- IBM announced it will train 150,000 people in cybersecurity skills over the next three years and will partner with more than 20 Historically Black Colleges & Universities to establish Cybersecurity Leadership Centers to grow a more diverse cyber workforce.
- Microsoft announced it will invest $20 billion over the next 5 years to accelerate efforts to integrate cyber security by design and deliver advanced security solutions. Microsoft also announced it will immediately make available $150 million in technical services to help federal, state, and local governments with upgrading security protection, and will expand partnerships with community colleges and non-profits for cybersecurity training.
- Amazon announced it will make available to the public at no charge the security awareness training it offers its employees. Amazon also announced it will make available to all Amazon Web Services account holders at no additional cost, a multi-factor authentication device to protect against cybersecurity threats like phishing and password theft.
- Resilience, a cyber insurance provider, announced it will require policyholders to meet a threshold of cybersecurity best practice as a condition of receiving coverage.
- Coalition, a cyber insurance provider, announced it will make its cybersecurity risk assessment & continuous monitoring platform available for free to any organization. (Source: glstrade.com)
25 Aug 21. X-ARBITOR Cross Domain Solution Listed on NCDSMO Baseline.
Peraton and AFRL Now Fielding Revolutionary Cross Domain Solution. Peraton and the U.S. Air Force Research Laboratory (AFRL) are proud to announce that the X-domain Agile Rules-Based Information Transfer OrchestratoR (X-ARBITOR) has successfully completed Lab Based Security Assessment (LBSA) and is now included on the National Cross Domain Strategy & Management Office (NCDSMO) Baseline List for Top Secret/SCI and Below Information (TSABI) and Secret and Below Information (SABI).
Peraton and AFRL Now Fielding Revolutionary Cross Domain Solution
The inclusion of X-ARBITOR in the NCDSMO Baseline List is the latest step in Peraton’s and AFRL’s advancement of the state-of-the-art in Cross Domain Solutions (CDS).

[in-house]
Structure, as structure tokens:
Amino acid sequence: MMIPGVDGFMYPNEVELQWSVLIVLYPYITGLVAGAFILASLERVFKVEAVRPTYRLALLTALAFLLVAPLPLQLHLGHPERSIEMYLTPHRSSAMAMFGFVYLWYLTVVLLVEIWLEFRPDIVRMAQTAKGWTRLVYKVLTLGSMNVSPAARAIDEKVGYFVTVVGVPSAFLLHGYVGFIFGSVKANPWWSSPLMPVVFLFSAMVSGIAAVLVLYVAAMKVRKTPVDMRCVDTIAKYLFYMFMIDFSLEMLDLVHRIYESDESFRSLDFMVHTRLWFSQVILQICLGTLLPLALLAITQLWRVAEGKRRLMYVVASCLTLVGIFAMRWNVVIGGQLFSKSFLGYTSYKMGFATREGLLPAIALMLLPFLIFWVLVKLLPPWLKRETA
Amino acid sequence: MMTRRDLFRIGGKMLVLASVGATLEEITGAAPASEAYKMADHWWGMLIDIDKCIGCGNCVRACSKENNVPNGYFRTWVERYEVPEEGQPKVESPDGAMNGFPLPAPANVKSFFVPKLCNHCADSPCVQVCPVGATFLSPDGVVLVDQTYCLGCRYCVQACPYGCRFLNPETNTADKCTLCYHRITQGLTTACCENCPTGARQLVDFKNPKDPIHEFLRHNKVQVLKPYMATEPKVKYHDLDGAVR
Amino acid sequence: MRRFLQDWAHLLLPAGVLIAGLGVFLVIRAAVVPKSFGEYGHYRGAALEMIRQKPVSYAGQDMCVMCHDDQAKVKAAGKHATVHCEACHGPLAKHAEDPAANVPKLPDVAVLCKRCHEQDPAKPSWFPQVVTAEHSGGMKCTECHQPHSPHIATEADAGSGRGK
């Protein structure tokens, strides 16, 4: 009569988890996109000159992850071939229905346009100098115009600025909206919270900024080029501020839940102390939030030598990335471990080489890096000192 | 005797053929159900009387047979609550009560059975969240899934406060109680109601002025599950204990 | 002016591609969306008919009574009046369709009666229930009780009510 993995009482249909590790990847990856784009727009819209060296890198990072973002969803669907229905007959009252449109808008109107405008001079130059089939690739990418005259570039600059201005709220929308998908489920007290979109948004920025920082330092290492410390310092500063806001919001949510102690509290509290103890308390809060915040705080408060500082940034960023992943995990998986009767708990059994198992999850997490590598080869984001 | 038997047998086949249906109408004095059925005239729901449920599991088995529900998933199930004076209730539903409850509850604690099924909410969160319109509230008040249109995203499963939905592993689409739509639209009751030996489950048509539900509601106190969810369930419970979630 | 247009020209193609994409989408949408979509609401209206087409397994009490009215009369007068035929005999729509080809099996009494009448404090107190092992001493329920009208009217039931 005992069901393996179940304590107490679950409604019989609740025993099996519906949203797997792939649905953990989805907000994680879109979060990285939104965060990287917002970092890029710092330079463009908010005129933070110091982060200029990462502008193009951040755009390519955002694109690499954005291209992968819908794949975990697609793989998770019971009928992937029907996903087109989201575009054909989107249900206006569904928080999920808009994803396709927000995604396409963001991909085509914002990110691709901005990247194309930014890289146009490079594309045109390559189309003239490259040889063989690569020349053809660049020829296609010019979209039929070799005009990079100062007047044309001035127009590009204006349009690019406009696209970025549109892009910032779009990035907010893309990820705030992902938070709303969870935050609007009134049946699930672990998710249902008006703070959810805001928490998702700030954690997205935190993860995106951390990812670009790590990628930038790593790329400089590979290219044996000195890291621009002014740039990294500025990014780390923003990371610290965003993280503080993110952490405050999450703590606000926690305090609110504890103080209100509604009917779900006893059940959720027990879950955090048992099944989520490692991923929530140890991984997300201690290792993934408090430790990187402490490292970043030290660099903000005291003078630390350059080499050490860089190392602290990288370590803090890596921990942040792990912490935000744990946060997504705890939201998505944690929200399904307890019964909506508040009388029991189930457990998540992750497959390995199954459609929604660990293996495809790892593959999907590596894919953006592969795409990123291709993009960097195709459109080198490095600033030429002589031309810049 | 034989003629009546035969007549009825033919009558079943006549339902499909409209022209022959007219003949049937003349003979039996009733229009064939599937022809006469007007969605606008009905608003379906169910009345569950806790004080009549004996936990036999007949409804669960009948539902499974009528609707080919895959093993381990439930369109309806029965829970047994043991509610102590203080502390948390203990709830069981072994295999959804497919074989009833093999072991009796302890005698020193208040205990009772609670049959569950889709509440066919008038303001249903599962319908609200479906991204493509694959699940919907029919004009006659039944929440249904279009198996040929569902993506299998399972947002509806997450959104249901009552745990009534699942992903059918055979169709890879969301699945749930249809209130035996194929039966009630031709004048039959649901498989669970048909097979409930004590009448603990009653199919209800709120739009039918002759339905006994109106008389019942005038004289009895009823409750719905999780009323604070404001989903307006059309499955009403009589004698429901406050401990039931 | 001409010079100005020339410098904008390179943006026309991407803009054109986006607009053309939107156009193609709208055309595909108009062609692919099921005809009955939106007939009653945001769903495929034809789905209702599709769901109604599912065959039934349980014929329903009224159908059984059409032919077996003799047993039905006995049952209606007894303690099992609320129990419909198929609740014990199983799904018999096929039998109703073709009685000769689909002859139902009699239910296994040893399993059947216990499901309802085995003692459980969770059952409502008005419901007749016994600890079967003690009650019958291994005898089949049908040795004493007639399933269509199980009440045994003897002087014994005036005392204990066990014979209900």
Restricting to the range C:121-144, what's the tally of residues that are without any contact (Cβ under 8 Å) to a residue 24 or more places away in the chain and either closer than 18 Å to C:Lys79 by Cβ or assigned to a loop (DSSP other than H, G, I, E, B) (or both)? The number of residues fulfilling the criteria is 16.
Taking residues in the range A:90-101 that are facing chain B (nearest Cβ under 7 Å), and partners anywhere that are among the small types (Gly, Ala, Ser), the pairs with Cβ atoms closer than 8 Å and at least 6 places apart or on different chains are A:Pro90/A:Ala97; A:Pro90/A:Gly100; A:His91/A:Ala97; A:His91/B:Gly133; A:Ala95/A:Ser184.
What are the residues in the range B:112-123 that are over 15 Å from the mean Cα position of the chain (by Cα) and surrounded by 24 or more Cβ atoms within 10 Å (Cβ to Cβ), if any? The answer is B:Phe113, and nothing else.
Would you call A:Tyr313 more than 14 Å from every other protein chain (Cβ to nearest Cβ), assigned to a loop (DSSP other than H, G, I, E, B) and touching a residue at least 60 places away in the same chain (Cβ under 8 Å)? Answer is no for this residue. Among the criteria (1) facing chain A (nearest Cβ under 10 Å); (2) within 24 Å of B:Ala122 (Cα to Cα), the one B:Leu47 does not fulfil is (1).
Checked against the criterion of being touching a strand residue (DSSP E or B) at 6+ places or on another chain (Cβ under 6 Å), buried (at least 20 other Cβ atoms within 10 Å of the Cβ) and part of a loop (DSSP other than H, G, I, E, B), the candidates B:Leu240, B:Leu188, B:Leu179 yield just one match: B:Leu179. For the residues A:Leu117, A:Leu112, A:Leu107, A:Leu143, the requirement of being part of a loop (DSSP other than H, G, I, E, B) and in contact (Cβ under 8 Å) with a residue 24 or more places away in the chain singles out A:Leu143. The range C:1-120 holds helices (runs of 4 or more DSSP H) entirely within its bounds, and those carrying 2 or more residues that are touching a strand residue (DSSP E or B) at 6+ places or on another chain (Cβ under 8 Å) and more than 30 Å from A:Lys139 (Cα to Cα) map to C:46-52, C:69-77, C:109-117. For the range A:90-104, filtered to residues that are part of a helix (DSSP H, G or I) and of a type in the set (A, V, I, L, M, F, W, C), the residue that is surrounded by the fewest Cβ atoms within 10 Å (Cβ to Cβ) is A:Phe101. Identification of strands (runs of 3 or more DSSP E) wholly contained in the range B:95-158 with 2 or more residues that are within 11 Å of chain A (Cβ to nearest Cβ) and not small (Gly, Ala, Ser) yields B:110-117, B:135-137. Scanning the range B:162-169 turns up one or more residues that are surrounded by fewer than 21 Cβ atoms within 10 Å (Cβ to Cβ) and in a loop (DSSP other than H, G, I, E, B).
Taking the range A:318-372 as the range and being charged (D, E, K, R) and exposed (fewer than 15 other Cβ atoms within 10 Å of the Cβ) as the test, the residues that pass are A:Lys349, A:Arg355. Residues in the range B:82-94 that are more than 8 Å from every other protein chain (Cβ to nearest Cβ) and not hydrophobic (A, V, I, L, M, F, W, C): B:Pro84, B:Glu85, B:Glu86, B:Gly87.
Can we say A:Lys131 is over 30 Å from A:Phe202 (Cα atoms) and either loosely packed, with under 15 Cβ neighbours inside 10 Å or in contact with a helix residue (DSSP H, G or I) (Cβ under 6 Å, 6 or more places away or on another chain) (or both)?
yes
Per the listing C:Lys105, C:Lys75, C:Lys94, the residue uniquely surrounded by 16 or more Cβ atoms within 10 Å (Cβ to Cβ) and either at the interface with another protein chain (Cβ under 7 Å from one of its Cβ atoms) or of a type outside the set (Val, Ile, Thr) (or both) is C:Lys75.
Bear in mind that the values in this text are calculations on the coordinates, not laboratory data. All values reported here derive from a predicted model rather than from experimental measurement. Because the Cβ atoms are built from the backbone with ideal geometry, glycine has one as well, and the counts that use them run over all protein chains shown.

X-ARBITOR delivers a secure, scalable, and extensible framework engineered to support rapid deployment of NSA Raise-the-Bar (RTB) compliant cross domain data inspection, sanitization, and transfer capabilities. X-ARBITOR supports simultaneous, bi-directional transfers between multiple different security domains and transfer of structured and unstructured data such as XML, Imagery, Microsoft Office and PDF files.
Leveraging current capabilities and building off years of lessons learned, the X-ARBITOR team has implemented revolutionary architectural changes for unprecedented network security as well as enhanced management and monitoring.
“X-ARBITOR is truly revolutionary in its architecture and flexibility to support an extensive array of mission critical data types and deployment scenarios,” said Dave Gray, Cross Domain Solutions program manager, Peraton. (Source: PR Newswire)
25 Aug 21. COMSovereign’s Innovation Digital LLC and IQ-Analog Announce Strategic Alliance for Next Generation of Software Defined Radio Technology.
Alliance to Combine Advanced Digital Processing Algorithms and Application Specific Integrated Circuits for “Beyond State-of-the-Art” Wireless Systems
COMSovereign Holding Corp. (NASDAQ: COMS) (“COMSovereign” or “the Company”), a U.S.-based developer of 4G LTE Advanced and 5G Communication Systems and Solutions, today announced that its Innovation Digital LLC (“Innovation Digital”) unit and IQ-Analog (“IQA”), a leading developer of wideband transceiver products targeting military communications and technology for the next generation of cellular communications systems, entered into a strategic development alliance targeted at “beyond 5G” wireless communication.